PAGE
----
Facebook CEO Mark Zuckerberg spoke to several congressional boards this week on privacy and public use of Facebook. Today we’re running down the many questions which seemed to make Zuckerberg nervous or otherwise ended up with an answer by Zuckerberg that could’ve been called “dodging the question.” The judgements I and we make here are subjective – keep that in mind whilst perusing the list.
The hearing began yesterday, the 10th of April, 2018. The first session lasted around 6 hours, and the second session is set to take place over just as long a period of time. The overall questioning session may seem long to the casual onlooker, but the amount of time each congressional representative is given to ask questions is laughable. Each representative gets a total of 5 minutes to ask questions of Zuckerberg.
Zuckerberg was asked about any sort of punishment that Facebook staff members received as a result of “the problems with data use.” He didn’t exactly answer – but to be fair, the question was posed in a sort of nonsensical manner to start with.
Florida representative Gus Bilirakis asked about an everyday citizen attempting to get “a range of personal information” removed from “an organiation’s page” on Facebook. He asked why it was that congress needed to be involved to get this private information removed from Facebook. Zuckerberg’s first suggested that artificial intelligence was the solution – but followed up saying he didn’t know when AI would truly arrive.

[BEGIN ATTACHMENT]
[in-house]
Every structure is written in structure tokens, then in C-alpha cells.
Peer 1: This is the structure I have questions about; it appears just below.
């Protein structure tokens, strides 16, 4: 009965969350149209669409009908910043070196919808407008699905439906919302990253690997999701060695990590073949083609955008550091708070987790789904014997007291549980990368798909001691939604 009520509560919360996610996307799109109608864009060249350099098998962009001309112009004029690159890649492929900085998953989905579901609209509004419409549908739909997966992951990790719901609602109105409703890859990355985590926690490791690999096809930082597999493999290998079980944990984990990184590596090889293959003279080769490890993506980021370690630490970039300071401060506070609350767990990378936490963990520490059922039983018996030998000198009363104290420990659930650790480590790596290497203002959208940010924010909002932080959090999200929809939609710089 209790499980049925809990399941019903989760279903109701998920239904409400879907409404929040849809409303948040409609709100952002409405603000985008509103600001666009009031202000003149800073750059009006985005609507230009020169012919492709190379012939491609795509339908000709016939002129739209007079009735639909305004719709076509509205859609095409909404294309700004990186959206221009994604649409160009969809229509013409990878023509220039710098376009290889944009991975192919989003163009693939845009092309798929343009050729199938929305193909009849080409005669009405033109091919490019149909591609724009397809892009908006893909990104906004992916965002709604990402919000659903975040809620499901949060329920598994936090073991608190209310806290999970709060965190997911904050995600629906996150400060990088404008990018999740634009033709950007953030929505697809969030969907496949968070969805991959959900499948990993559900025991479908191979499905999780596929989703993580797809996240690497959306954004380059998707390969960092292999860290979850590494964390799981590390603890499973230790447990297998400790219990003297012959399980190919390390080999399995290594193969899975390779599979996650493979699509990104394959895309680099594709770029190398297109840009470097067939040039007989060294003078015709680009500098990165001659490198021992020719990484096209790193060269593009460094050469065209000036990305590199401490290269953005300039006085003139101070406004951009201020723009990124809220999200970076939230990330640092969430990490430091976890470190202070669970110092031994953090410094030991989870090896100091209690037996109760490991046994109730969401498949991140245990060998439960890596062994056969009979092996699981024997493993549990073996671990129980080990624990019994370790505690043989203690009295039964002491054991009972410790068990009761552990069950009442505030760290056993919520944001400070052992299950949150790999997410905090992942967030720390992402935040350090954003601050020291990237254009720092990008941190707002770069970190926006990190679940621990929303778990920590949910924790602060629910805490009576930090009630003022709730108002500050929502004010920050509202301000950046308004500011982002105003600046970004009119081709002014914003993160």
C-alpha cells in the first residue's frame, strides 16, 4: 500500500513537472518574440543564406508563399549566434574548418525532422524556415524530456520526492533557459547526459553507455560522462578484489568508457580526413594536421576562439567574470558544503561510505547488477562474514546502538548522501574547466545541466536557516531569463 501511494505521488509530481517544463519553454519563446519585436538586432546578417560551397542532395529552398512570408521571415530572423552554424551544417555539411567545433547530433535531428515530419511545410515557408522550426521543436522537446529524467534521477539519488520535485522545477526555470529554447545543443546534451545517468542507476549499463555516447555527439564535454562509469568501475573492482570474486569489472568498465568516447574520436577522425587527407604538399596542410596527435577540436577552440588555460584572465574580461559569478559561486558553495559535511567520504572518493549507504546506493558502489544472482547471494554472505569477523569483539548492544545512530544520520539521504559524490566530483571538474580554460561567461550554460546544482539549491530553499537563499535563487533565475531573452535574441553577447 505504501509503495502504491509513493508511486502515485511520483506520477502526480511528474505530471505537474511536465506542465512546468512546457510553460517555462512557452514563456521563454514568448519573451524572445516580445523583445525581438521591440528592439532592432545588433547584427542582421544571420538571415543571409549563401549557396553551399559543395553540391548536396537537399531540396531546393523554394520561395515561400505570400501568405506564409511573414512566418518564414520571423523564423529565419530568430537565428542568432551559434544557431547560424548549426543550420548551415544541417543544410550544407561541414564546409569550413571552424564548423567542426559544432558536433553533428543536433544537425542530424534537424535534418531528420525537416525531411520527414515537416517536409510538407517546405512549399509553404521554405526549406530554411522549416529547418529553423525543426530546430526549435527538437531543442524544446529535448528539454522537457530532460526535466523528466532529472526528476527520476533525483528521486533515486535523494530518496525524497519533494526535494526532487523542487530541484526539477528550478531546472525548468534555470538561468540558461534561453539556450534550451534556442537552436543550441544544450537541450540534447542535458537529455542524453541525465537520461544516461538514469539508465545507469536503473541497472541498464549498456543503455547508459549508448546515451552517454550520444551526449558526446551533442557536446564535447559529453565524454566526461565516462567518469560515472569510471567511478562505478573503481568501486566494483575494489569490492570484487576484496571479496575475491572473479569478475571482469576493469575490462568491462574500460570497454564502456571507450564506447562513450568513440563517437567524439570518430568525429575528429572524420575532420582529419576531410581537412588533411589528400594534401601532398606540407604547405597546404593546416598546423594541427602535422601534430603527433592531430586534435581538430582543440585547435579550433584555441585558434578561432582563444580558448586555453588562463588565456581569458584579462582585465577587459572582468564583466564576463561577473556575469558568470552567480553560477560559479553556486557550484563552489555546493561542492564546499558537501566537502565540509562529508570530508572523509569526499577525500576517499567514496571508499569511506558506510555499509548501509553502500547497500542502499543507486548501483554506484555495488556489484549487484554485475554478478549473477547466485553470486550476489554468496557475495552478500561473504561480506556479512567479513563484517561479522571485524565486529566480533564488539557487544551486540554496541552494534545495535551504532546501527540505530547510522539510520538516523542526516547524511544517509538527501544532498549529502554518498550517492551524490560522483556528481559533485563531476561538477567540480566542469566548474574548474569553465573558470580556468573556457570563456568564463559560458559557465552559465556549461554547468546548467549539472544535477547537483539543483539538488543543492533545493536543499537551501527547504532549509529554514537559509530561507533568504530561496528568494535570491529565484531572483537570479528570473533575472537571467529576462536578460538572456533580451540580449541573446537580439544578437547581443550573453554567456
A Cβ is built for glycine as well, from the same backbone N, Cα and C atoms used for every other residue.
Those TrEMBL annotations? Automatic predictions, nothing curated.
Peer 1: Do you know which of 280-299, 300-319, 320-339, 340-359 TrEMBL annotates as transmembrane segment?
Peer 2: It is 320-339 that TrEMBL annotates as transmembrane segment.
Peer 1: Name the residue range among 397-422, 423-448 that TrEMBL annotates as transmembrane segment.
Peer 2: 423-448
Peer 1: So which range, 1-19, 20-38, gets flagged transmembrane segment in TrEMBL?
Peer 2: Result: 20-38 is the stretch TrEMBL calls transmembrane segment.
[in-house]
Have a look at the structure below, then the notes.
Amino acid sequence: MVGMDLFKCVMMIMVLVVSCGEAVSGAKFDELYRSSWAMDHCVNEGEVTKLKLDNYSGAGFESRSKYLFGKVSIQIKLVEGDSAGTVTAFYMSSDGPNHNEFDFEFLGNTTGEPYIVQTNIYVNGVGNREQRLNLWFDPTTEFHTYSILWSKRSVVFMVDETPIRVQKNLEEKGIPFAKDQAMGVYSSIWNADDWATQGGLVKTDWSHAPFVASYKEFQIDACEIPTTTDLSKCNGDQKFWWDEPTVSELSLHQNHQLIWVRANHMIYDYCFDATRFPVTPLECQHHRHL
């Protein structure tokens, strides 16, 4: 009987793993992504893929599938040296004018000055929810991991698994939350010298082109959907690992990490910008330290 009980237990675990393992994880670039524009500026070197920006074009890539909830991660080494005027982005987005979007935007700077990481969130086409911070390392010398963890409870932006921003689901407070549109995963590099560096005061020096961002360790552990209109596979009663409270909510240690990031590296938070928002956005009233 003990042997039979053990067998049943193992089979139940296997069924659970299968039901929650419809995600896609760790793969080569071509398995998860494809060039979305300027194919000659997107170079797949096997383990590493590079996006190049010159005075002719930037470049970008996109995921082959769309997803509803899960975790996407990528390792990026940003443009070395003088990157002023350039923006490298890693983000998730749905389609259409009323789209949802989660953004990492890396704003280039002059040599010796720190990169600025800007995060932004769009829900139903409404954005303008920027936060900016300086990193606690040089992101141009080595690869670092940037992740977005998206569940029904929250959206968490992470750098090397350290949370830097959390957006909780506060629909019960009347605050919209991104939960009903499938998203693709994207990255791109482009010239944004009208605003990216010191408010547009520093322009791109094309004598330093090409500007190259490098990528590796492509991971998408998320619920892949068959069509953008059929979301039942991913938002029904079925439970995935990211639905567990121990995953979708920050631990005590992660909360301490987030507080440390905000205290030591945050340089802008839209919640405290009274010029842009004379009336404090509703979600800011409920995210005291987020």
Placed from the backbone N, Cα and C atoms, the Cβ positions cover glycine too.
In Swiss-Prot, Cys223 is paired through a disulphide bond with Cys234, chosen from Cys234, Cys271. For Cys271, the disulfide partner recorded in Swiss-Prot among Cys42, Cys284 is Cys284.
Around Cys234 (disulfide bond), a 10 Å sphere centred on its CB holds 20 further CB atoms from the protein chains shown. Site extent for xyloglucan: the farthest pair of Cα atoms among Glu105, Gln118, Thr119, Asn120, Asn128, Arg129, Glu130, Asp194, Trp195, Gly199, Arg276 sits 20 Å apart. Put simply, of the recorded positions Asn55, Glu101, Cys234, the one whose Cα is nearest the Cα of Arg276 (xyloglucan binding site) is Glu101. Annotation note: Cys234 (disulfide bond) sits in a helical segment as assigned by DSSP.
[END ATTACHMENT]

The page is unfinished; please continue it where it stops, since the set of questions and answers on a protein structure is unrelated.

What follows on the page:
Zuckerberg seems to be out of his element whenever “shadow profiles” are brought up. To Congressman Jerry McErney, Zuckerberg suggested that anyone can opt out of data tracking. McErney pointed out that some people haven’t signed up for Facebook in the first place, so cannot be considered to have opted in in the first place.
A question of user tracking came up via Representative Billy Long. He asked whether people are being tracked outside of Facebook. Zuckerberg suggested that the user is in control of what’s being tracked, but that users might be tracked on Facebook even if they’re not logged in.
Representative David McKinley asked why it was so easy to “buy opioids” on Facebook. McKinley added, “You are hurting people. Do you agree with that statement?” Zuckerberg needed to pause before answering. He then summoned his AI line of reasoning for the future, once again, saying, “The sheer volume of content on Facebook means no amount of people can vet all content on Facebook.”
Committees in the hearing included: Communications and Technology, Digital Commerce and Consumer Protection, Energy, Environment, Health, and the committee on Oversight and Investigations. Each of these committees were a part of the 115th congress as of April 2018.
Above you’ll see the full video of Zuckerberg speaking with Congress. You’ll want to strap after you microwave yourself some popcorn. It’s a relatively long hearing if one watches it for the entertainment of the situation. Compared to other hearings of this nature that’ve happened in the past, on the other hand, Zuckerberg’s gotten off easy so far.